It was called “the gun that won the West”. It was the first really practical revolver, used by many of the most famous gunslingers and outlaws in the American West, and was such a successful design that it is still being manufactured today. It was the 1873 Colt .45 Peacemaker.
1873 Colt .45 Peacemaker. Los Angeles County Museum of Natural History
From the time that the firearm replaced the sword and spear on the battlefield, in the 1600’s, most guns, both muskets and pistols, were flintlocks. These were single-shot weapons that used flint chips to create hot sparks to fire off the gunpowder, and had to be laboriously reloaded through the muzzle after each shot. They were not only the standard military weapon of the day, but were vital as hunting weapons, especially in the rugged frontiers of colonial America.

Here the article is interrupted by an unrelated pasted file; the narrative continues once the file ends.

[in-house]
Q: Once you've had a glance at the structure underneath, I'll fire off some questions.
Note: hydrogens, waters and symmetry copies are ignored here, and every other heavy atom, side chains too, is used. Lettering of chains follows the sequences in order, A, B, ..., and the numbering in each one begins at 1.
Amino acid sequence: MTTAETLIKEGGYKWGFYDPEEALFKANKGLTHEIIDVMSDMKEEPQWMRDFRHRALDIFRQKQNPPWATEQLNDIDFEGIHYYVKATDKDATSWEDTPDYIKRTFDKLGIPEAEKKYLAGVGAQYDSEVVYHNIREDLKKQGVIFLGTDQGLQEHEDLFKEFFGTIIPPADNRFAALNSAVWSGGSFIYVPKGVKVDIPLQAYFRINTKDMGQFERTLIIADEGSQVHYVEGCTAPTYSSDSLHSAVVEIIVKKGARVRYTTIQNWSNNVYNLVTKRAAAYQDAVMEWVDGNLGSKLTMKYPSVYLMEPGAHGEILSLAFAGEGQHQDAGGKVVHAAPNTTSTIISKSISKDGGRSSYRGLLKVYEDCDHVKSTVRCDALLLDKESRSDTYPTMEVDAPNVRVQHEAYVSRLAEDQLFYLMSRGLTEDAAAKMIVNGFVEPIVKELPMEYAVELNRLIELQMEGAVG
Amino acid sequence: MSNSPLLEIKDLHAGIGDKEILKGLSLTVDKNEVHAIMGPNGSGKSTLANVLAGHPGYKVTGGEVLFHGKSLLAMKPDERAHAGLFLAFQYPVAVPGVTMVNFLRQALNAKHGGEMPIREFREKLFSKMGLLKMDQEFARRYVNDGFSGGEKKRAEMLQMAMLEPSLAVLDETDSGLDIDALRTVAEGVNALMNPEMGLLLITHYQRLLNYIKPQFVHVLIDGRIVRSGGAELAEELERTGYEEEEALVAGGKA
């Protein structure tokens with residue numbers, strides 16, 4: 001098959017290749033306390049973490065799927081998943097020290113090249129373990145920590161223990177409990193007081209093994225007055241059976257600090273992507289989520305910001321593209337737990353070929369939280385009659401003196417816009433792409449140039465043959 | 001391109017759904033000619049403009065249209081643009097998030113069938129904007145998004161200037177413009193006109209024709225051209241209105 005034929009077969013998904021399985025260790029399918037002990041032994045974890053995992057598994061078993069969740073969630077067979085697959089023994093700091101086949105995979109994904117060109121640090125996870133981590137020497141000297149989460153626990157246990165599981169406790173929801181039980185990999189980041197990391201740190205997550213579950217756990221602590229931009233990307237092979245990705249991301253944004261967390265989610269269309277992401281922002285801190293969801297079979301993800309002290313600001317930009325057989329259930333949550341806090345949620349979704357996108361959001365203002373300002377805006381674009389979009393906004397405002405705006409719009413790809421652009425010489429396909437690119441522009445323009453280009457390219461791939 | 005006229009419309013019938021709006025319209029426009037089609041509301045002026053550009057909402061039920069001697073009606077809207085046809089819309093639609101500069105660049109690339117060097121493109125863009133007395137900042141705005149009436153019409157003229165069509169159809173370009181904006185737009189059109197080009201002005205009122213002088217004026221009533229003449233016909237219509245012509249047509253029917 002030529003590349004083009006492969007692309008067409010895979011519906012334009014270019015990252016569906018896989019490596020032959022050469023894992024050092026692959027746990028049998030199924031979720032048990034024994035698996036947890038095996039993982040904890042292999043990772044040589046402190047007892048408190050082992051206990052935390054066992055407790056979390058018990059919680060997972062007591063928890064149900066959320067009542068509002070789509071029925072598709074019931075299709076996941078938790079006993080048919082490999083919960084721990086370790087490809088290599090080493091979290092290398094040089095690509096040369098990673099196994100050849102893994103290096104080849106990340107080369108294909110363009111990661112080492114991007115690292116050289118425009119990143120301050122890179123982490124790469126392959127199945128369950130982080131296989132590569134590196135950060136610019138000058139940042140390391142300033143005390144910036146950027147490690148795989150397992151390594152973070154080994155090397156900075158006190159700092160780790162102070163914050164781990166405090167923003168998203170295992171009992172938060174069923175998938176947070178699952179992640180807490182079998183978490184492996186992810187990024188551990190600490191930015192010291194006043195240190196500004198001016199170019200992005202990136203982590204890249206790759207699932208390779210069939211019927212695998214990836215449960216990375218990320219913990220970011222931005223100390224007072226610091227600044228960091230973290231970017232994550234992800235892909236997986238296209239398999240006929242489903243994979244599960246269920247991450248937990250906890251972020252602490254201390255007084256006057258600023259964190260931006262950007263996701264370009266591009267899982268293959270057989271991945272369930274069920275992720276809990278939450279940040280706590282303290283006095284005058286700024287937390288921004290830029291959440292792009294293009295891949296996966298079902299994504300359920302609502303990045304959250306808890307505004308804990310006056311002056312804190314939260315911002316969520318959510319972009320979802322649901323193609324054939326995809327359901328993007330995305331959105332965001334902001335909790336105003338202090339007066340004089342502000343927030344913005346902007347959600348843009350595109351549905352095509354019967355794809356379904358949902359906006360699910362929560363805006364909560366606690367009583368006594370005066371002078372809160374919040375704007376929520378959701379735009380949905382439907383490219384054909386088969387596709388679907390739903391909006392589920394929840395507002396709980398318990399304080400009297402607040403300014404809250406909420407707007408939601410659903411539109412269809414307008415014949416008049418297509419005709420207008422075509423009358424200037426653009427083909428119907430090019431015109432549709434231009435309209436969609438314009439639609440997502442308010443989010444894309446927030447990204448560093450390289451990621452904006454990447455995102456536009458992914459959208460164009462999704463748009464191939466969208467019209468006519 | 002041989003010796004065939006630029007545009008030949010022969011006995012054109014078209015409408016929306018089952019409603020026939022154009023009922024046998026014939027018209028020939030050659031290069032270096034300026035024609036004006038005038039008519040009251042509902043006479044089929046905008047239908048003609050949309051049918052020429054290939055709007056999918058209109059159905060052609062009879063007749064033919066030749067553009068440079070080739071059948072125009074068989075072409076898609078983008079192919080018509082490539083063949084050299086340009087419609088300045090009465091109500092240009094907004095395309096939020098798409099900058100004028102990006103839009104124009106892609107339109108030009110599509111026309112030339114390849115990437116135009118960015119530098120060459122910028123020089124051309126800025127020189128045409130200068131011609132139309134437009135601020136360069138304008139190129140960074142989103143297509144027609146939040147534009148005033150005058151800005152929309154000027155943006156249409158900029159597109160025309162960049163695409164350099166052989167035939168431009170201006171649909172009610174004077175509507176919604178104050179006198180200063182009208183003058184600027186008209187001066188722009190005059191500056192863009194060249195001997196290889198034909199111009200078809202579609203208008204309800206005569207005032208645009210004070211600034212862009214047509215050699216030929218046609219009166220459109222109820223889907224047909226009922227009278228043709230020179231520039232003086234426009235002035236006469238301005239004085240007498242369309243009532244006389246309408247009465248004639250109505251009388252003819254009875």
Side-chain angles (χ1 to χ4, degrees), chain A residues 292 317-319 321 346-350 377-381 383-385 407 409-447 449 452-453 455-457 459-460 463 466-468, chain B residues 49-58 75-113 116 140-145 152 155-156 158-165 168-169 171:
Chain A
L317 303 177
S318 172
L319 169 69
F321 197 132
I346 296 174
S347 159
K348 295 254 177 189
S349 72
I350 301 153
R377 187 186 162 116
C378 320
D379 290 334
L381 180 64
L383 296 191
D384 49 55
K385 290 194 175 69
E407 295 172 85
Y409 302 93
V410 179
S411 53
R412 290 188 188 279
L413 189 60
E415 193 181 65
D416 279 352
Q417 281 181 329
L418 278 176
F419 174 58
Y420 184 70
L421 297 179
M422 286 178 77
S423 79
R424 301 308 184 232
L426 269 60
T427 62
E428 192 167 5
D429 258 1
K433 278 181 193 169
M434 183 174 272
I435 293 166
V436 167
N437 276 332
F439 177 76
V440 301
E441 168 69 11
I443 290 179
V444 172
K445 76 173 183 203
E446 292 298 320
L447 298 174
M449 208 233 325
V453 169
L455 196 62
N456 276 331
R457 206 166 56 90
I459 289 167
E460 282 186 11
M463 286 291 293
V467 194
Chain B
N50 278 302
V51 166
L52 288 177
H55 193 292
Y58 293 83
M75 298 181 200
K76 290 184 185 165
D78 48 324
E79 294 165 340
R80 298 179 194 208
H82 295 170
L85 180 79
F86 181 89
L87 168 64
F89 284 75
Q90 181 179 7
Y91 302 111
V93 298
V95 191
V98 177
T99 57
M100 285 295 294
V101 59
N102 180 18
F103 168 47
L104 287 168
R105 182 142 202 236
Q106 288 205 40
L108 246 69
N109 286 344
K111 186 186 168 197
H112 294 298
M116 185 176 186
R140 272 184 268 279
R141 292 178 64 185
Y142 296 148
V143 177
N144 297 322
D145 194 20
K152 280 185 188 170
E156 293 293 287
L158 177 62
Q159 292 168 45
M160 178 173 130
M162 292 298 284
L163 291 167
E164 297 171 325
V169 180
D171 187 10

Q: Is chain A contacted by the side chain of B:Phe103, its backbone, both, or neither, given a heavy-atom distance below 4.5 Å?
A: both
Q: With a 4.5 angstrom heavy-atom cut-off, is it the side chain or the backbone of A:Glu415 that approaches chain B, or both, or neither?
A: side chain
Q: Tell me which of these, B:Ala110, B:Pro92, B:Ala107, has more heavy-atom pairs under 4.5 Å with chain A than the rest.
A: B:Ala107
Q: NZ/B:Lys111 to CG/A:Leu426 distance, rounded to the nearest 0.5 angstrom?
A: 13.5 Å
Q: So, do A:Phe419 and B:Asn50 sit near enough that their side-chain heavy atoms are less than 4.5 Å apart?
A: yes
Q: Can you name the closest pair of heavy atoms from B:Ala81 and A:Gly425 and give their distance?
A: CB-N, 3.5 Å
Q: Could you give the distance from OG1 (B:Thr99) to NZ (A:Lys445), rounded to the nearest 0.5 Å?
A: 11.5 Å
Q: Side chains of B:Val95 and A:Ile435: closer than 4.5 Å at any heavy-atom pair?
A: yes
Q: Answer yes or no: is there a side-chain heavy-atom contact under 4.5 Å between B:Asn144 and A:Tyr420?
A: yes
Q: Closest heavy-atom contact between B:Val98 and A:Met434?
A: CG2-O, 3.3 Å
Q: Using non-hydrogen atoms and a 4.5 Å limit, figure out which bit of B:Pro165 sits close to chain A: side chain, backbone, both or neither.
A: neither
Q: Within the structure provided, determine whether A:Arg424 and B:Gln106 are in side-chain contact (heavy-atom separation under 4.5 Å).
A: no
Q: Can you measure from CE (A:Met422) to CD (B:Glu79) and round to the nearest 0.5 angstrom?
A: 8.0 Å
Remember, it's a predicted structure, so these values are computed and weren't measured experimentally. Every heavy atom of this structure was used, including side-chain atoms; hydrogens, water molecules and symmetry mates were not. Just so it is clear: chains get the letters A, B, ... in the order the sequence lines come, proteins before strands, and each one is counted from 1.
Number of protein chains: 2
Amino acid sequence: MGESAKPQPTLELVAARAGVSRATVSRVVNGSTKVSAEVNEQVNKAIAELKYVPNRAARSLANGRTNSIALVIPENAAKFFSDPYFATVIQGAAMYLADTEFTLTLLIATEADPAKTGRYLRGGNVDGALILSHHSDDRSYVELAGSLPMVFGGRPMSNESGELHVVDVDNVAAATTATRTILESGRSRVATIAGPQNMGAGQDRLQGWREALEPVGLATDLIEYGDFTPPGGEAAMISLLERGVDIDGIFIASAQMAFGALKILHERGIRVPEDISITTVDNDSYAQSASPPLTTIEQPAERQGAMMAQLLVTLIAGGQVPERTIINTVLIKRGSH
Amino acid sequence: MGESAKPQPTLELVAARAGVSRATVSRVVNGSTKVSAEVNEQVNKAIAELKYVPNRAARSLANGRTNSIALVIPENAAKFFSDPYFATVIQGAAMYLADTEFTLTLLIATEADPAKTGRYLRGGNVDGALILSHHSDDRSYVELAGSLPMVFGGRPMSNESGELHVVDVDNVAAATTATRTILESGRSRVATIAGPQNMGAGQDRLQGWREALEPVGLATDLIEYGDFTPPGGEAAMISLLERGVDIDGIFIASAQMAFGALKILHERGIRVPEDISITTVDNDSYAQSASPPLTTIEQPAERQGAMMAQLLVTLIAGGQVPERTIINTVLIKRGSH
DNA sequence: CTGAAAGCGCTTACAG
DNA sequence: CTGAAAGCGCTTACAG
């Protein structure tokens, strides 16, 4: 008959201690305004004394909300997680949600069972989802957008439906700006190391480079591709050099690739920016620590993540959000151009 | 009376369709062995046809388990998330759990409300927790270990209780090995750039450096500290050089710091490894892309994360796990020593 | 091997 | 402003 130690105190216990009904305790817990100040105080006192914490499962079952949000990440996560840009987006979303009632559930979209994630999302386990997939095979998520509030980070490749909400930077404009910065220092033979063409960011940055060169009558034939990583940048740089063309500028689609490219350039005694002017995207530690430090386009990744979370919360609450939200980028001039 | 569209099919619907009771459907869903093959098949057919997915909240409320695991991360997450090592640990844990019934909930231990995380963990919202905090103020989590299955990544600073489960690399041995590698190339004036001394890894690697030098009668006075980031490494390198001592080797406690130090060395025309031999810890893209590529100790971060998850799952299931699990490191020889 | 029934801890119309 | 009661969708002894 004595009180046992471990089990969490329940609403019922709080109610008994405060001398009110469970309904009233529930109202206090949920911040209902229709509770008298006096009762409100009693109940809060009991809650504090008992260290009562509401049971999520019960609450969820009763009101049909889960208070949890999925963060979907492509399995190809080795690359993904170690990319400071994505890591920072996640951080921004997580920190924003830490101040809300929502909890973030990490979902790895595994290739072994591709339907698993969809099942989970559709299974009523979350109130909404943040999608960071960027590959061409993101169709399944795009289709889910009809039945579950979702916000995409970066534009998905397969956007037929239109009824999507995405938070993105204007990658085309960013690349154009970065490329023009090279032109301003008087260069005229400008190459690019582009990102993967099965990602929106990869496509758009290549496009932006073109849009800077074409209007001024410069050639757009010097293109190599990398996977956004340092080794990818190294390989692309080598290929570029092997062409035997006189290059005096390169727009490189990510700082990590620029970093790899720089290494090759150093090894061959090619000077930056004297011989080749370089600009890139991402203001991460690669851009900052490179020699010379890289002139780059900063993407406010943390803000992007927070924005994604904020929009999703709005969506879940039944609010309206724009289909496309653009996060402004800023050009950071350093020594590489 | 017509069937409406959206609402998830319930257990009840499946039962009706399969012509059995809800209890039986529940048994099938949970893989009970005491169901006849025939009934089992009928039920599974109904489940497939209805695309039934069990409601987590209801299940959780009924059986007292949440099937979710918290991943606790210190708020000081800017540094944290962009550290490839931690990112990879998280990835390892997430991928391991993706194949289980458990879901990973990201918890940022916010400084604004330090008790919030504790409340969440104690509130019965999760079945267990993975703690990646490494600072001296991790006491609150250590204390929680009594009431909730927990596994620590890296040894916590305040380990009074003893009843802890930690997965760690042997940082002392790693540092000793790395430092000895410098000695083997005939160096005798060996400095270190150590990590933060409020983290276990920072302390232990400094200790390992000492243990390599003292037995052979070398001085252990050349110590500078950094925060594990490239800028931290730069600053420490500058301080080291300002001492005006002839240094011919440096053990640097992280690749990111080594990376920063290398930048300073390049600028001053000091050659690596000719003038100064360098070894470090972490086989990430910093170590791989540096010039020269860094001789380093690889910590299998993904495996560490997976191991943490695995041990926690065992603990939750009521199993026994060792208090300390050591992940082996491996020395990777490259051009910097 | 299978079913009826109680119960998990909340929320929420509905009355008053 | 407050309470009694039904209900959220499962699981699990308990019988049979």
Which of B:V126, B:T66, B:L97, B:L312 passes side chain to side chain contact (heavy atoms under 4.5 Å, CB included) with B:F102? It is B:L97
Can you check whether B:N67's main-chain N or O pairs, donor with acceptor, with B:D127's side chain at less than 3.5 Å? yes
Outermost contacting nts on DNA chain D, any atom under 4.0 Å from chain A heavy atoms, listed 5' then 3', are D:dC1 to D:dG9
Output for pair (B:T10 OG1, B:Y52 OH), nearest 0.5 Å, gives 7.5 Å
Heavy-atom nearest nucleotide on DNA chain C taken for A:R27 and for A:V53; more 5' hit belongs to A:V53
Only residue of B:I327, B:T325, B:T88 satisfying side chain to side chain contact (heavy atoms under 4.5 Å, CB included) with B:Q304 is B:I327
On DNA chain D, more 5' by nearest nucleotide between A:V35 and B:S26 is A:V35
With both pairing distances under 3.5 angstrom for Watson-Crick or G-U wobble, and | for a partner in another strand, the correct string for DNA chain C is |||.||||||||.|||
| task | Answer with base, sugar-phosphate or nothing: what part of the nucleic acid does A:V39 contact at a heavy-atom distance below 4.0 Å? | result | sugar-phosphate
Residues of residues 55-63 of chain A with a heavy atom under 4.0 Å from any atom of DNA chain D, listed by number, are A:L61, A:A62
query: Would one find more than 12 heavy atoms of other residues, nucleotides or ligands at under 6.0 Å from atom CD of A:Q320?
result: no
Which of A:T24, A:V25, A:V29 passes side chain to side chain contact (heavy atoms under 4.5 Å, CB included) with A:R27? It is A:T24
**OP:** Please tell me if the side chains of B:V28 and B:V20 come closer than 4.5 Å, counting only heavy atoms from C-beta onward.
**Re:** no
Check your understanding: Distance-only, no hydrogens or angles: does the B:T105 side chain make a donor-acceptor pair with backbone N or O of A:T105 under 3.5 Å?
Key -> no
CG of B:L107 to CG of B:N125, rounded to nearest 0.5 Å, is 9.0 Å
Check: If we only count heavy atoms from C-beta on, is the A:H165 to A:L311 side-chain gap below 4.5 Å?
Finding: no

In 1820, a technological breakthrough finally occurred with the introduction of the “percussion cap”. This was a small metal cup filled with mercury fulminate which replaced the bulky flintlock mechanism. Now, when the trigger was pulled, the gun’s hammer fell onto the percussion cap, setting off the explosive inside and touching off the main powder charge which fired the bullet. The percussion cap had the advantage of being easier to use than the flintlock, and also working in any weather conditions (flintlocks did not work in the rain), but it still limited the gun to one shot before reloading. What was really needed was some sort of repeating mechanism that would allow someone to load a number of shots at one time, then fire them off one at a time without pausing to reload between shots.